• Technology infrastructure enabling future microgrid development such as smart meter deployments or connectivity infrastructure coverage.
  • Community involvement and motivation to increase the social value of implementing and operating the microgrid within the community, and in turn increase social acceptance.
  • Local utilities attitudes and level or activity greatly influences community microgrid developments. Historically, resistance from utilities has hindered community microgrid deployments, but recently there have been some utilities proactively pursuing these projects. There is a push from the EC on utilities to increase the level of activities with non-traditional electricity infrastructure development, which could improve the conditions for community microgrid development.
  • Environmental constraints such as area of influence, space availability, renewable energy sources and other local resources, as well as energy density of the area.

Supporting Factors

  1. Setting a supporting policy environment
  2. Enabling local energy trading between distributed generation and bidirectional power flow
  3. Clear and transparent interconnection rules with the main grid
  4. Availability of local energy markets
  5. Ensuring economic efficiency and profitability when security of power supply is not an issue
  6. Supporting viable business models and benefit sharing to cope with high capital costs
  7. Creating appropriate governance models for community-led initiatives
  8. Ensuring stakeholder involvement to maximise social value
  9. Pursuing protection of data and communication
  10. Deploying appropriate storage technology and size
  11. Better integrating Energy Management Systems and Business Management Systems
  12. Increasing usability in interfaces with community residents to ensure transparency and foster energy-efficient behaviour

Government Initiatives

In European countries, the implementation of local energy systems is supported by many initiatives and policies at the European- or national-level, where many research and development projects, benefitting from national or European funding, are focused on smart grids, energy efficiency, integration of distributed renewable resources, smart network management and much more.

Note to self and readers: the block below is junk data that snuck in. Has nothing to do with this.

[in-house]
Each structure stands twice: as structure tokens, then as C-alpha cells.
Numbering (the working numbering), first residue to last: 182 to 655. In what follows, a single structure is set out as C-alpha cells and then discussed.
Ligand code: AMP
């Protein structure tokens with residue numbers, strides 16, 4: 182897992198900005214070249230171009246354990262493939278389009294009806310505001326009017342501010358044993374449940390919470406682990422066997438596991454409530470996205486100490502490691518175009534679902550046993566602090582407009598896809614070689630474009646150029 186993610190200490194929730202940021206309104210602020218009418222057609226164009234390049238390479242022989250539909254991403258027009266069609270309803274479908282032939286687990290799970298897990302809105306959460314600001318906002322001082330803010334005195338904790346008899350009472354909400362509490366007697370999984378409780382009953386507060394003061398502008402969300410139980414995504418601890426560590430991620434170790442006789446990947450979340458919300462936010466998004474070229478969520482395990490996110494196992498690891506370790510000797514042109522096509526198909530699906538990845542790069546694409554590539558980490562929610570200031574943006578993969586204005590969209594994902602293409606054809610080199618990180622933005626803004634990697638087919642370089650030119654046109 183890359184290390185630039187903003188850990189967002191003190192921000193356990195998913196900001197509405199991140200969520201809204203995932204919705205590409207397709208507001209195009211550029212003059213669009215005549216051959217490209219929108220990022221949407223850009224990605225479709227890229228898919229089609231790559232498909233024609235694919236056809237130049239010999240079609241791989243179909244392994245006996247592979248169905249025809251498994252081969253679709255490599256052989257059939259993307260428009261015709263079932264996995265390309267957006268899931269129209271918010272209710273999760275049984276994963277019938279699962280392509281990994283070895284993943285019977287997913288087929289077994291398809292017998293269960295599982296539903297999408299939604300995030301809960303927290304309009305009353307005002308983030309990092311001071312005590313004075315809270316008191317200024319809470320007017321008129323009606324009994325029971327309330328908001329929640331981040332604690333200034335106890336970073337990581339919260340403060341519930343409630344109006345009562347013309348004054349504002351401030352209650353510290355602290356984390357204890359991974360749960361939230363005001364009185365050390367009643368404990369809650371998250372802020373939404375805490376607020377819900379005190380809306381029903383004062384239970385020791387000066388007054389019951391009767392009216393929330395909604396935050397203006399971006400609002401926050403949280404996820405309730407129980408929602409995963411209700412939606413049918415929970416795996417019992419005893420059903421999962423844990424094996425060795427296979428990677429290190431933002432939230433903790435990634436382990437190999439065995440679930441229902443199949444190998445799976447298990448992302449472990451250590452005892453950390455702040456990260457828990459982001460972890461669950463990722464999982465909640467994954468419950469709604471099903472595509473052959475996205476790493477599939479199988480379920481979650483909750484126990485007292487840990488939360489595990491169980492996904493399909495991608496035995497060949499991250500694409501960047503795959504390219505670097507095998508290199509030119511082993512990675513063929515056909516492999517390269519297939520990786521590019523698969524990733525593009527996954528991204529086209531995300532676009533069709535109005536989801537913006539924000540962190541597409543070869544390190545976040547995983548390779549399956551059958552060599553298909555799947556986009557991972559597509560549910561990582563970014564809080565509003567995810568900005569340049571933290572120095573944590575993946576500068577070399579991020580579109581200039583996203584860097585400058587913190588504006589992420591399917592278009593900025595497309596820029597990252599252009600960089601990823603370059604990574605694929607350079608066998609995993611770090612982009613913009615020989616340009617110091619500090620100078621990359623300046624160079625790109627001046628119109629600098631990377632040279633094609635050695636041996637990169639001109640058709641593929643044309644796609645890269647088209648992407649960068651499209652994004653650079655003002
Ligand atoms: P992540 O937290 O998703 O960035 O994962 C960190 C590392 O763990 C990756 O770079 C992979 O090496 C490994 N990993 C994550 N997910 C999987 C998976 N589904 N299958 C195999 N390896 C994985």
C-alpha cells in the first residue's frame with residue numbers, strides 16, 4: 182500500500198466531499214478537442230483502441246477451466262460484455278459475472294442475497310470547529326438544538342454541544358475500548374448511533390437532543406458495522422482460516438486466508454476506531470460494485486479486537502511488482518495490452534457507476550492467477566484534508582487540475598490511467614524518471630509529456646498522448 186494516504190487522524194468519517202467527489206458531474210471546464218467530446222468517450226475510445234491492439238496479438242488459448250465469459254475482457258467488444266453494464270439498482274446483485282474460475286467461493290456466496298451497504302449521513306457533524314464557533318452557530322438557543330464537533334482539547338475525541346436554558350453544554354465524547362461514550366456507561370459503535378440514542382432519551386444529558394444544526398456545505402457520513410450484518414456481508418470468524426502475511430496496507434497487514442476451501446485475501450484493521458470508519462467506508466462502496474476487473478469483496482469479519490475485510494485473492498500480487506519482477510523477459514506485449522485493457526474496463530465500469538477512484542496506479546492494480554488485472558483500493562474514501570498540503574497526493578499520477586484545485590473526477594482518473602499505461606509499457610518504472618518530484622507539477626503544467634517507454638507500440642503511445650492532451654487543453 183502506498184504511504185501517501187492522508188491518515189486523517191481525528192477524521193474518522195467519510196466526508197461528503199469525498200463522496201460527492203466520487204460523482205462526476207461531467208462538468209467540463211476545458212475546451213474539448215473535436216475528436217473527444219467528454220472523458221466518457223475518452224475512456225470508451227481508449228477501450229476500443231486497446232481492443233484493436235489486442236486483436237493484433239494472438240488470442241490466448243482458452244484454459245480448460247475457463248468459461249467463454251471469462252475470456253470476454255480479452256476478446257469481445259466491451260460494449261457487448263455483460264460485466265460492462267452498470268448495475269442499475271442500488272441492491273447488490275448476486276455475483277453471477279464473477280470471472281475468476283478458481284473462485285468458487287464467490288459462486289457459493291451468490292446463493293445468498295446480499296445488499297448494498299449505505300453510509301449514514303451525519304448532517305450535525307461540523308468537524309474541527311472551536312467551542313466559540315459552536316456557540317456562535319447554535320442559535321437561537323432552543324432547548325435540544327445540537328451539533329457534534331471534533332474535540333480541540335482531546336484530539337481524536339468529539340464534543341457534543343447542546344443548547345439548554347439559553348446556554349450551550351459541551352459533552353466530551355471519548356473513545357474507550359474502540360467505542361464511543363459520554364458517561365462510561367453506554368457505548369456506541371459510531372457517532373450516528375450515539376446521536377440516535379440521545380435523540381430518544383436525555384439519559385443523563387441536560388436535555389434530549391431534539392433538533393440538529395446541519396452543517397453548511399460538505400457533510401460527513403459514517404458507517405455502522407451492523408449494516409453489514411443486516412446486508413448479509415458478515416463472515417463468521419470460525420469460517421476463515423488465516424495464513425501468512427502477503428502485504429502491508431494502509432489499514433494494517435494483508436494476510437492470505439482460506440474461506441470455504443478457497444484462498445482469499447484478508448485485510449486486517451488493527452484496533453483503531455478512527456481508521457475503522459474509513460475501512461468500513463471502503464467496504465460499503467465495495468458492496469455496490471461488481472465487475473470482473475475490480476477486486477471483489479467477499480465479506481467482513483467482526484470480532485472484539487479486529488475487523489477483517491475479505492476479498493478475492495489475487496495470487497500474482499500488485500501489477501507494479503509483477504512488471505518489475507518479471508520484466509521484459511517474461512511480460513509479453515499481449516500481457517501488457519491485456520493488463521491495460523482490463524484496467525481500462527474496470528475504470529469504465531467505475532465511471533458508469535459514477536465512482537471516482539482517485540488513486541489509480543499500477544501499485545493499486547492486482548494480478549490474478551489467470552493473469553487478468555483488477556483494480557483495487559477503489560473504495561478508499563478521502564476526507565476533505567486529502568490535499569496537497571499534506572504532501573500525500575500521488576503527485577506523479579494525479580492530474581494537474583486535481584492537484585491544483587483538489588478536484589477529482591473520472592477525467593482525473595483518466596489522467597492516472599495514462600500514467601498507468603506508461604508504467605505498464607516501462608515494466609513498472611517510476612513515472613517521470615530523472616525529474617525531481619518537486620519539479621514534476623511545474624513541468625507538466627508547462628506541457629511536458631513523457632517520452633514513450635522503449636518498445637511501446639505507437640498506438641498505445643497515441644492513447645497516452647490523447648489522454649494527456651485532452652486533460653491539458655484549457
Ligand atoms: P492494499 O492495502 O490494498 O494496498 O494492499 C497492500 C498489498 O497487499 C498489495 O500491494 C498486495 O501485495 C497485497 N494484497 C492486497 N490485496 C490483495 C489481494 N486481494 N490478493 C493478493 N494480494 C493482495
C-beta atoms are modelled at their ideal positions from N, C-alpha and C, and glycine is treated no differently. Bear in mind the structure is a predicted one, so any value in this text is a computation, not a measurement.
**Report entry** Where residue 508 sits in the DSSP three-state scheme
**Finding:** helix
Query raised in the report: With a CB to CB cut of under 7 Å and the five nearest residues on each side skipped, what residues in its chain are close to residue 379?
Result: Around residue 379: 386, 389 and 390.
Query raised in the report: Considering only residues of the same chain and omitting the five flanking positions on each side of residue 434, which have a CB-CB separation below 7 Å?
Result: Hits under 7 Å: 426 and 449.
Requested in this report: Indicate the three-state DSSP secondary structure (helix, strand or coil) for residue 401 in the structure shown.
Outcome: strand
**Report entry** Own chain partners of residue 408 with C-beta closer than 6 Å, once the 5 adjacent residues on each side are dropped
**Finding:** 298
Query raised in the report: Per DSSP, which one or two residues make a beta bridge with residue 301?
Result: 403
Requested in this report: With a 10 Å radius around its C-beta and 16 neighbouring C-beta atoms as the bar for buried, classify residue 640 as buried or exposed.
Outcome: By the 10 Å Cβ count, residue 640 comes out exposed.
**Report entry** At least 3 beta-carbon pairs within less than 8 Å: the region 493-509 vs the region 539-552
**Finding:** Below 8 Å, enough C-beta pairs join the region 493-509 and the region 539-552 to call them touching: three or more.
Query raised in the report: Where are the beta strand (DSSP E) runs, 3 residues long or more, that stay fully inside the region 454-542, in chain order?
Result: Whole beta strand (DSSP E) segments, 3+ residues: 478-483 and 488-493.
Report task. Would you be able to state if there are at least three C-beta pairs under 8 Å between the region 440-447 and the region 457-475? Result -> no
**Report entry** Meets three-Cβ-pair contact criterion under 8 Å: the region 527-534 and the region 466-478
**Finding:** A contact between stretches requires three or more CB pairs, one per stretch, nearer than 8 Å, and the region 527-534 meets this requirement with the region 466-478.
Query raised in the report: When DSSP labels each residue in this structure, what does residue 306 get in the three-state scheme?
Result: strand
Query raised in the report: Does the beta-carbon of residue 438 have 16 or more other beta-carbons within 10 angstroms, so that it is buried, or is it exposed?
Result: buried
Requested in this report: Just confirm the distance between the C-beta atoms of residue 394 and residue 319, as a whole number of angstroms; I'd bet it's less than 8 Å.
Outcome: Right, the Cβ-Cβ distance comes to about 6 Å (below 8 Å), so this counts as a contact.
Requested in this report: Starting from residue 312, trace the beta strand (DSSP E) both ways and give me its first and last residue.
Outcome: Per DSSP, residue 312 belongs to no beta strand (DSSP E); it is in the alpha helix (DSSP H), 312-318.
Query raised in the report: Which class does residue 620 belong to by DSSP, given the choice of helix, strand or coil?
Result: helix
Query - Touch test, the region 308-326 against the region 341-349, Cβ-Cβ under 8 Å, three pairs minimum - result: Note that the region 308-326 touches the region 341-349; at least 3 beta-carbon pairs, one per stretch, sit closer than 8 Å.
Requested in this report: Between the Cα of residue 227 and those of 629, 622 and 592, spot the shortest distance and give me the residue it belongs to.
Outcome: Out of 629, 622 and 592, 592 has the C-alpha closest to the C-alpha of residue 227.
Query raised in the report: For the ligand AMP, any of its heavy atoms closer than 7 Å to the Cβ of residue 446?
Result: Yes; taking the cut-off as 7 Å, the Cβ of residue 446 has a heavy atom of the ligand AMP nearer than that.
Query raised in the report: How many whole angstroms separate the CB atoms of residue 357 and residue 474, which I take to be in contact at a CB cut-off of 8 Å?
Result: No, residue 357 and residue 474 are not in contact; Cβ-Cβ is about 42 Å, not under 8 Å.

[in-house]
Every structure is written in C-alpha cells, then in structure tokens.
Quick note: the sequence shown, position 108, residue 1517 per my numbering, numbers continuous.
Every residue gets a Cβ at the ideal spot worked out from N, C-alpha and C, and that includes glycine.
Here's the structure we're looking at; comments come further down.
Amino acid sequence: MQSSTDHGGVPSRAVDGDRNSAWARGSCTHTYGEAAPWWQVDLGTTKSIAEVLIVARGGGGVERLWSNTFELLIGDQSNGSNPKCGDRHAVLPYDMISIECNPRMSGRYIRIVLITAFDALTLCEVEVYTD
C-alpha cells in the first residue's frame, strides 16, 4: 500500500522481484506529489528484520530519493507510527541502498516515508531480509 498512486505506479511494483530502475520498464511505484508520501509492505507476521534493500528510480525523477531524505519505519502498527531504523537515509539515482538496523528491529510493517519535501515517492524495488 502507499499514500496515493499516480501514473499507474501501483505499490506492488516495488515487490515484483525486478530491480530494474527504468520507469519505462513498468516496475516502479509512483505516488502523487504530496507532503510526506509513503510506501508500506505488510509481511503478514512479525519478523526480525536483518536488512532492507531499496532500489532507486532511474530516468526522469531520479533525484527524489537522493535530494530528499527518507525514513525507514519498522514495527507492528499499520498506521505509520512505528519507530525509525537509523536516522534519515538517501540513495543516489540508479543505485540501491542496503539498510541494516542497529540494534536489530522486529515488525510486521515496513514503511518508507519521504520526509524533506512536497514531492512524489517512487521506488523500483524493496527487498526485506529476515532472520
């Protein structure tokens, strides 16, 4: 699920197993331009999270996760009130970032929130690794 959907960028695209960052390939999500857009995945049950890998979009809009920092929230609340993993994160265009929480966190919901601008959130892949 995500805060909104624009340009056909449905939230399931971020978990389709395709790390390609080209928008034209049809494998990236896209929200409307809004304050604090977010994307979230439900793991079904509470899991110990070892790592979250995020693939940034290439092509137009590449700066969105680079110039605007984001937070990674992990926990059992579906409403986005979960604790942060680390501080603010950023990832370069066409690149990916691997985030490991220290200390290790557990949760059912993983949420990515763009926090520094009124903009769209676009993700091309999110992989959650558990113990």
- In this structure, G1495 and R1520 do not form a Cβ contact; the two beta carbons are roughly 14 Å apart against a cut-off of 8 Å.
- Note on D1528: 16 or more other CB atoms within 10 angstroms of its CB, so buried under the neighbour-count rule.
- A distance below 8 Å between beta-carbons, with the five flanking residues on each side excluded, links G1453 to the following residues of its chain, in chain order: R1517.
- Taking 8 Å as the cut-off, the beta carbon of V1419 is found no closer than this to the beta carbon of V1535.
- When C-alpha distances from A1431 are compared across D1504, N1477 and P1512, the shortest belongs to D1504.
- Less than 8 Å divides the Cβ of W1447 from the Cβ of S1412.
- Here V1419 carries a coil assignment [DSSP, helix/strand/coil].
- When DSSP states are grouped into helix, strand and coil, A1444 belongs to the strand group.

In the context of EU policies, the policy drivers for such projects include increasing grid congestion and energy demand, climate change, depletion of fossil fuels, aging infrastructure of electricity network and internal European energy market; all of these factors pushing for the implementation of local energy systems has been inspired by the latest EU’s climate and energy package ‘Clean energy for all Europeans’, and now the new European Green Deal.

A noteworthy initiative is the establishment of the Smart Grid Task Force (SGTF) as part of the EU third energy package in 2009 to advise on policies and regulations concerning smart grid deployment. For instance, under the development of a common standard for European Smart Grids, several mandates have been issued by the EC to the European Standards Organisations (ESO) seeking to establish standards for the interoperability of smart utility meters, EV charging standards and high levels of smart grid services and operations.

The EU is currently directing member countries to update their electricity market and renewable energy regulations to allow communities to act as aggregators of renewable generation, flexible loads and storage services to the overall grid, paving the way towards community microgrids.

Stakeholder Mapping

Stakeholder Map for a Smart Grid System (BABLE, 2021)

Market Potential

The advancement of microgrids is part of a broader trend towards digitalisation, decentralisation, and decarbonisation of the energy sector. Globally, the growing market of local energy systems is a response to environmental concerns, lack of robust grid infrastructure and power reliability, rising energy prices and a combination of regulatory pressures and incentives. As a result, the microgrid market is expected to quickly grow over the next 10 years.

Annual Total Microgrid Power Capacity and Implementation Spending by Region, World Markets: 2020-2029 (Guidehouse Insights)

Despite being considered a global leader in moving towards a low carbon energy future, Europe represents only 9% of the global microgrid market. The most direct explanation is that the vast majority of installed microgrid capacity in Europe is located on remote islands that are not connected to the mainland grid. However, a closer look at the way in which EU markets are tightly intertwined and regulated shows a distinct pattern that places severe constraints on the development of microgrids (according to Navigant Research): (1) Europe has been focusing on large-scale renewable energy deployment, such as offshore, which requires massive investment in transmission infrastructure; (2) Deployment of distributed energy resources (DER) has primarily been based on feed-in-tariffs, a business model precluding the key defining feature of a microgrid, i.e. islanding; (3) The preferred methods to address the variability of renewables and increase power reliability lean towards cross-border trading and not towards localised microgrid